Counting the Dead in Iraq

Gilbert M. Burnham
Co-director, Center for Refugee and Disaster Response, Johns Hopkins Bloomberg School of Public Health, Johns Hopkins University

It’s no wonder there was an outcry when Gilbert Burnham’s group released its report on mortality in Iraq. The numbers of civilian deaths so overwhelmed body counts calculated by other groups that many were stunned or disbelieving, and Burnham earned the enmity of some U.S. and Iraqi government officials.

Burnham’s public health team looked at pre- and post-invasion deaths. The 2004 study showed that the mortality rate among Iraqis before the invasion was 2%, and after, 7.9%. The 2006 survey, which polled more households and covered greater territory, was more devastating: In the three years since the invasion, crude mortality rose to 13.2 per 1000 people per year. The leading cause was gunshot wounds and deaths from car bombs. The majority of victims of violence were men, 15-45 years old, and children also died in great numbers. By the end of the analysis period, crude mortality rates approached 17 deaths per 1000 per year.

The most disturbing statistic is the report’s estimate that there have been 654,000 excess deaths since the invasion of March 2003 -- 600,000 from violent causes. Critics, who are legion, Burnham acknowledges, point fingers at his study’s methodology, accusing his group of inaccurate and inadequate record-keeping, or skewing the numbers for political purposes.

Burnham notes that getting actual body counts in Iraq is literally impossible, since there is no working system for keeping accurate track of the dead in hospitals and mortuaries, and “numbers are highly susceptible to manipulation.” The backbone of public health studies are surveys, in which geographic clusters are chosen, households counted and individuals interviewed. As the number of clusters increase, “precision improves and confidence intervals narrow.” This enables measurements “accurate and precise enough to make the right decisions even though we will never have absolute, true numbers to two or three decimal points.”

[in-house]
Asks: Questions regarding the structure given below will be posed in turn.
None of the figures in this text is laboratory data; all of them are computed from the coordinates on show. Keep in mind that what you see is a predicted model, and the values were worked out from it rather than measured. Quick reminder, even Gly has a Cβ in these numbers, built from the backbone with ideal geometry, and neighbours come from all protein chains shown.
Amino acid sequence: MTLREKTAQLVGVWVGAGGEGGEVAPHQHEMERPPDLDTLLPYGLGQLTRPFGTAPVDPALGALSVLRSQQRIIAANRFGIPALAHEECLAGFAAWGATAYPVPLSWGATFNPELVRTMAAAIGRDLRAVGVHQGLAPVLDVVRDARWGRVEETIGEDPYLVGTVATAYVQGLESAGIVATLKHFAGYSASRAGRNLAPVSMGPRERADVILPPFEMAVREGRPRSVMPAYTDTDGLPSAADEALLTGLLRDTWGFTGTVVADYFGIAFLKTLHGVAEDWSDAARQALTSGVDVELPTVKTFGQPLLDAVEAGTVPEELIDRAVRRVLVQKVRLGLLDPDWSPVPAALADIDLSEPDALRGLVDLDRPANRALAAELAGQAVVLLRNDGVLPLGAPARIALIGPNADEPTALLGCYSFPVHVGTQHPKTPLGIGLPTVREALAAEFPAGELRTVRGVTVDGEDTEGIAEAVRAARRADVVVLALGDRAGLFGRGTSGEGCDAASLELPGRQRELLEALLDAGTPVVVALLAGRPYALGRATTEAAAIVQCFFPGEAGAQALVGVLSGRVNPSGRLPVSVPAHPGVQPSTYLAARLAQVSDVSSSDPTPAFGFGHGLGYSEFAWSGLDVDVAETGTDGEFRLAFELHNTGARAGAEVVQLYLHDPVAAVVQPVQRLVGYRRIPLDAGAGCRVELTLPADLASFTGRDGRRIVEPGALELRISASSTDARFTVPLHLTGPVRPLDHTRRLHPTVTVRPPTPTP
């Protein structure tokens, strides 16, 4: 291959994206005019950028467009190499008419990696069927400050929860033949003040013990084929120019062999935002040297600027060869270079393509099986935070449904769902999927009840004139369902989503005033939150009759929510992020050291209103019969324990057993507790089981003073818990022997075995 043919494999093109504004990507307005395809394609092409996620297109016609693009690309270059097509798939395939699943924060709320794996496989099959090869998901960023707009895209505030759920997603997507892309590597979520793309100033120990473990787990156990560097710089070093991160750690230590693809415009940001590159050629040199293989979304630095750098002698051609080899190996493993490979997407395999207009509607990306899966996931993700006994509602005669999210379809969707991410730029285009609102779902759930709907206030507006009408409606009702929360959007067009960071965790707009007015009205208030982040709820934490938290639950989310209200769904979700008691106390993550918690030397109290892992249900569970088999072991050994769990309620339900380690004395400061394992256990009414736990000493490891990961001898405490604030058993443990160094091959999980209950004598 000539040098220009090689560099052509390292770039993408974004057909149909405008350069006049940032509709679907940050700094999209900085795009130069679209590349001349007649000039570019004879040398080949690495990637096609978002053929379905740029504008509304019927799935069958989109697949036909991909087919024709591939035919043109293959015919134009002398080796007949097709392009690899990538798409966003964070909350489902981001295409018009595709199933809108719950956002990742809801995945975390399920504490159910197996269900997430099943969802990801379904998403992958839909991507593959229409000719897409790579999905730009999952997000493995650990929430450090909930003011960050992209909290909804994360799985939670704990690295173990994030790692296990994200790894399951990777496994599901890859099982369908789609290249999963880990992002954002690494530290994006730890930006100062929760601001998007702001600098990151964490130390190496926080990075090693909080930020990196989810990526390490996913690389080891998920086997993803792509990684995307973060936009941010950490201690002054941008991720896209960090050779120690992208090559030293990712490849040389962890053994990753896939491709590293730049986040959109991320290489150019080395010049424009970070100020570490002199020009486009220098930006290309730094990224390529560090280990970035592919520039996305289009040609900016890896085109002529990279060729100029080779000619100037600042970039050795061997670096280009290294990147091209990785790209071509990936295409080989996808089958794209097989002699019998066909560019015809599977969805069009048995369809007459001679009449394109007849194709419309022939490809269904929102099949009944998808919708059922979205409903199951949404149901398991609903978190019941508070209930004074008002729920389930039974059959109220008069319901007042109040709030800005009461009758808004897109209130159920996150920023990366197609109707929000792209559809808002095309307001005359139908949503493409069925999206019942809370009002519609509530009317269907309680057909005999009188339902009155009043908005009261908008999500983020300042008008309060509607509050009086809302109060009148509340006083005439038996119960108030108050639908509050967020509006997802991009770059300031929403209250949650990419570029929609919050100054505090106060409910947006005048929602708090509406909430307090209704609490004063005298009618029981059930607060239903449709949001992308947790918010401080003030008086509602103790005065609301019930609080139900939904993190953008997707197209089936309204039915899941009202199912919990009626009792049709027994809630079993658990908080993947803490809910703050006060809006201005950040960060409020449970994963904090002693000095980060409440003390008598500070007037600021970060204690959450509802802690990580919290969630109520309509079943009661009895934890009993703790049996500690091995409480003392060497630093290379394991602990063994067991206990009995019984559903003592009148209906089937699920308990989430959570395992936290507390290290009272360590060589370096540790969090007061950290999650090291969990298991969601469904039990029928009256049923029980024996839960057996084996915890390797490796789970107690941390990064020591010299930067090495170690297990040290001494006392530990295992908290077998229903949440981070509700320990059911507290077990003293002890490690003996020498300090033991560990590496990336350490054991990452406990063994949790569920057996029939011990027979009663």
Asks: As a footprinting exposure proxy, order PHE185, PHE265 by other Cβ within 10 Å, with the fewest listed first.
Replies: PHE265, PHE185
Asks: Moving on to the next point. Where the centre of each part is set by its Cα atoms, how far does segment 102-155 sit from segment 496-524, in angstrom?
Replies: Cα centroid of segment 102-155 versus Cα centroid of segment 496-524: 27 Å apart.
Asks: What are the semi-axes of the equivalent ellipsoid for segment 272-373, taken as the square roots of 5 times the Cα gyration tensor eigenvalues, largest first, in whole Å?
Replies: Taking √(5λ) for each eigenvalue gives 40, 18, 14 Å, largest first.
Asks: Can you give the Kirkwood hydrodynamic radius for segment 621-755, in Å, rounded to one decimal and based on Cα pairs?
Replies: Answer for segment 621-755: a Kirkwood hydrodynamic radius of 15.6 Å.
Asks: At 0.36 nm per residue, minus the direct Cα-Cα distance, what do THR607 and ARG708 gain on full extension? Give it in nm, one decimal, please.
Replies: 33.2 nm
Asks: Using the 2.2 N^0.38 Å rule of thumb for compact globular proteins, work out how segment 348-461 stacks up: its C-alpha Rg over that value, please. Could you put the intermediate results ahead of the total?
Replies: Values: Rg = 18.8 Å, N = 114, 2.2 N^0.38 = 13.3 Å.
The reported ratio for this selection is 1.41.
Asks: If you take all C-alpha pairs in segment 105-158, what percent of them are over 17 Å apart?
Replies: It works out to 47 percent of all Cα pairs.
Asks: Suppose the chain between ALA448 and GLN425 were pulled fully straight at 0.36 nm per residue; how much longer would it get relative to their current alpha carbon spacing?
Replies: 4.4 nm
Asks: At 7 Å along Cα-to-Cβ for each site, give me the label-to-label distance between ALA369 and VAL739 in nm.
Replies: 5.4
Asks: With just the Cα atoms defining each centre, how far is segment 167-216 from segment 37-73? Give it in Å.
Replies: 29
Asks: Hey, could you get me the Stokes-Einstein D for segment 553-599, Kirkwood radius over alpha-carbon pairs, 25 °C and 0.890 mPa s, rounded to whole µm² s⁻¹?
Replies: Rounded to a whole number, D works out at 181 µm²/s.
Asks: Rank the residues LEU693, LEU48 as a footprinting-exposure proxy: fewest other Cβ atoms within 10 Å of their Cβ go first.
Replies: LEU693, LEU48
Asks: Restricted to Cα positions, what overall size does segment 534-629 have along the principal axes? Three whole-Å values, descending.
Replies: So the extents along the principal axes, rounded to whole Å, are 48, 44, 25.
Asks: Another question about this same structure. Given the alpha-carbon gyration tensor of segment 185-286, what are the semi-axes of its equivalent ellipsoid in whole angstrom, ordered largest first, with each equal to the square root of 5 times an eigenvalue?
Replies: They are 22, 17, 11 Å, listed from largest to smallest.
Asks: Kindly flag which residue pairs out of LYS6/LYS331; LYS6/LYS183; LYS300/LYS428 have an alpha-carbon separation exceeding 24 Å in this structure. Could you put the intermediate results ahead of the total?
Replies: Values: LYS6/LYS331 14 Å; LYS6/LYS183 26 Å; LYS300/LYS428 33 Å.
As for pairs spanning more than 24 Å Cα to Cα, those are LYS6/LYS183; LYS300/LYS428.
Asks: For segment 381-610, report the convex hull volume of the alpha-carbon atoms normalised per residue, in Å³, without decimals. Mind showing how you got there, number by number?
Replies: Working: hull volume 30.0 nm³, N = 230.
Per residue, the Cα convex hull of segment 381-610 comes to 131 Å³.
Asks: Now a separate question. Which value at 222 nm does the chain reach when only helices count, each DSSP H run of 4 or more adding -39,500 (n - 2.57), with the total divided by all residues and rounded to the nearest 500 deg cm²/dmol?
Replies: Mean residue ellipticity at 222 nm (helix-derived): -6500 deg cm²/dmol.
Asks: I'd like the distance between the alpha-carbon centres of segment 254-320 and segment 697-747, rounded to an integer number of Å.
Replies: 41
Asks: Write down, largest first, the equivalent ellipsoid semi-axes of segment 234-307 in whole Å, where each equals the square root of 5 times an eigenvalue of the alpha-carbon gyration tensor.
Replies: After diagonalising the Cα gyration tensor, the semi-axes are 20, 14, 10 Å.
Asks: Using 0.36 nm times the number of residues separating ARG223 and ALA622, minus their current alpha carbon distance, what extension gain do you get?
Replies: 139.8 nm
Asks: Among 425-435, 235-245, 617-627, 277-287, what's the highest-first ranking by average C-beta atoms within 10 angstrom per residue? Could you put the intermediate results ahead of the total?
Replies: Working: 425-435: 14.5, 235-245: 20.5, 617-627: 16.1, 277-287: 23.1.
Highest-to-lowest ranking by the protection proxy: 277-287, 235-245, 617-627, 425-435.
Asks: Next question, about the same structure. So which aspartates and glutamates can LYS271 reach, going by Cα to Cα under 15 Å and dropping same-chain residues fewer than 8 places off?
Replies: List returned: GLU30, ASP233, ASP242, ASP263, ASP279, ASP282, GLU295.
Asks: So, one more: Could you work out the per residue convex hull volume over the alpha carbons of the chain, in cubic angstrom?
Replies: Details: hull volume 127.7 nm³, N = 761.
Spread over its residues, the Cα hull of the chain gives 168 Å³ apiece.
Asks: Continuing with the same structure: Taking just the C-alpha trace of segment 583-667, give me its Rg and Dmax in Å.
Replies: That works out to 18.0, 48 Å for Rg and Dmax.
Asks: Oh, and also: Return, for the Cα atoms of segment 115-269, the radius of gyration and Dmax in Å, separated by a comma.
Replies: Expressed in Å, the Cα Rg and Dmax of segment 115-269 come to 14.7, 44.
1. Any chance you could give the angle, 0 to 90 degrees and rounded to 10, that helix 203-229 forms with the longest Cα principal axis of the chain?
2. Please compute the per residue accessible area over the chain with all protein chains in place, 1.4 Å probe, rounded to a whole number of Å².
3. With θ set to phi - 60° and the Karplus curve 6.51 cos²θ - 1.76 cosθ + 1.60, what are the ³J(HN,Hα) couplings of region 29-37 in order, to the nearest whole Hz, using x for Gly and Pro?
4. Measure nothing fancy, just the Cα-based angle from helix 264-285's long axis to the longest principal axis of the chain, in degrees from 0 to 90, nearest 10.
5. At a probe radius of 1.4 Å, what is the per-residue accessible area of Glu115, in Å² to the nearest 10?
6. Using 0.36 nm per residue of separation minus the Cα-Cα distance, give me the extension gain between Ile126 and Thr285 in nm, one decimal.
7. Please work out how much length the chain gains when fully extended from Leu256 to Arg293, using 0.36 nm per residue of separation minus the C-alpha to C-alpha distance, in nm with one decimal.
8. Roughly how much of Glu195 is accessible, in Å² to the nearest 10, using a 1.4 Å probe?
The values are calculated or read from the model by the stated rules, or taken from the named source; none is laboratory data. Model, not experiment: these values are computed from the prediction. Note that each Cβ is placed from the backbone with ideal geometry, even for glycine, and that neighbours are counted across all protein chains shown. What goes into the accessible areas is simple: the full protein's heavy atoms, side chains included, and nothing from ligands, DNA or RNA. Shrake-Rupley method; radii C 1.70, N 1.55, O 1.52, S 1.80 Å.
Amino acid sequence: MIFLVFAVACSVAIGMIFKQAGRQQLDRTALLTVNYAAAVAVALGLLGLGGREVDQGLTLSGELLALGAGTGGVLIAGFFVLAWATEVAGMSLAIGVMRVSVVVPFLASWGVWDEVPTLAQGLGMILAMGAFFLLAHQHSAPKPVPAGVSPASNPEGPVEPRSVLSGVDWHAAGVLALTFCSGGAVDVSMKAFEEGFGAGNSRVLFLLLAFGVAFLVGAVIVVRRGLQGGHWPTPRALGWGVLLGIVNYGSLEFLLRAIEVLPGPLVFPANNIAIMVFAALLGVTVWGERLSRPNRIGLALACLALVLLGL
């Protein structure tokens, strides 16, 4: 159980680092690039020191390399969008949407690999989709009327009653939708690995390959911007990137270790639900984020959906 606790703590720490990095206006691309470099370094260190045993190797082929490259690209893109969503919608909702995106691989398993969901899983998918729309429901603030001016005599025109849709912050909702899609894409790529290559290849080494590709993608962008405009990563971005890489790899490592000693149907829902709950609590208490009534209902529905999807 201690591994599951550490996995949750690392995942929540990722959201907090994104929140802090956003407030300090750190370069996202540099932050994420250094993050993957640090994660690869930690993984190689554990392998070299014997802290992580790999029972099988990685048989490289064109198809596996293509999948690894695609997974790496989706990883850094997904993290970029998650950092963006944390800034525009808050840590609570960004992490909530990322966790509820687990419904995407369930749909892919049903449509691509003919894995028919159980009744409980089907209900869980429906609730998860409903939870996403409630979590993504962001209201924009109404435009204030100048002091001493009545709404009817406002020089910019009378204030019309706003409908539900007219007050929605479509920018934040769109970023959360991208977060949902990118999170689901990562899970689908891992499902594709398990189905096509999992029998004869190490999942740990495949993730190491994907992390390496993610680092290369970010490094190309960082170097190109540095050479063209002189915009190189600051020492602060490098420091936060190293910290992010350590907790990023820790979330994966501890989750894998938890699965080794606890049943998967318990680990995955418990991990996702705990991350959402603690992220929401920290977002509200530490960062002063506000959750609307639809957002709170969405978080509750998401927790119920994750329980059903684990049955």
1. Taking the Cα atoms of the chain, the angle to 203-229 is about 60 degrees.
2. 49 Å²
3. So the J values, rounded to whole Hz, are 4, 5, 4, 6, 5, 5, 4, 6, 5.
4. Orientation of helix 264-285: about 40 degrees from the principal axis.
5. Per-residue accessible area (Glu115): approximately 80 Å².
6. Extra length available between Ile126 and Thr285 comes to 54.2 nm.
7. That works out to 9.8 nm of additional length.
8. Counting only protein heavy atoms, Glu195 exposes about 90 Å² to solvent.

At great personal peril, Burnham’s on-ground Iraqi surveyors went house to house in neighborhoods all over Iraq, asking for death certificates. The author of the report “hid out at a basement of a hotel, and finally got out on forged U.N. documents.” The 2004 survey reached 7868 people, and the 2006 contacted 12,800 individuals. The sample size was large enough to support the team’s grisly conclusions. Civilians are doing badly in this war, dying in far greater numbers than combatants. Burnham’s hope is to use such data “to protect people wrapped up in conflict,” since this “won’t be the only one in the 21st century.”

Gilbert M. Burnham has extensive experience in emergency preparedness and response, particularly in program planning, and evaluation that address the needs of vulnerable populations, and the development and implementation of training programs. He also works in development and evaluation of community-based health program planning and implementation, health information system development, management and analysis, and health system analysis. He has worked with numerous humanitarian and health development programs for multilateral and non-governmental organizations, regional health departments, ministries of health (national and district level), and communities in sub-Saharan Africa, Asia, and Eastern Europe. A major current activity is the reconstruction of health services in Afghanistan.

Burnham's Johns Hopkins website

Video length is 1:29:05.

Philip S. Khoury, Ford International Professor of History and Associate Provost at MIT, introduces the Emile Bustani Seminar, and Gilbert Burnham.

At 2:29, Burnham begins.

At 45:56, Q&A begins.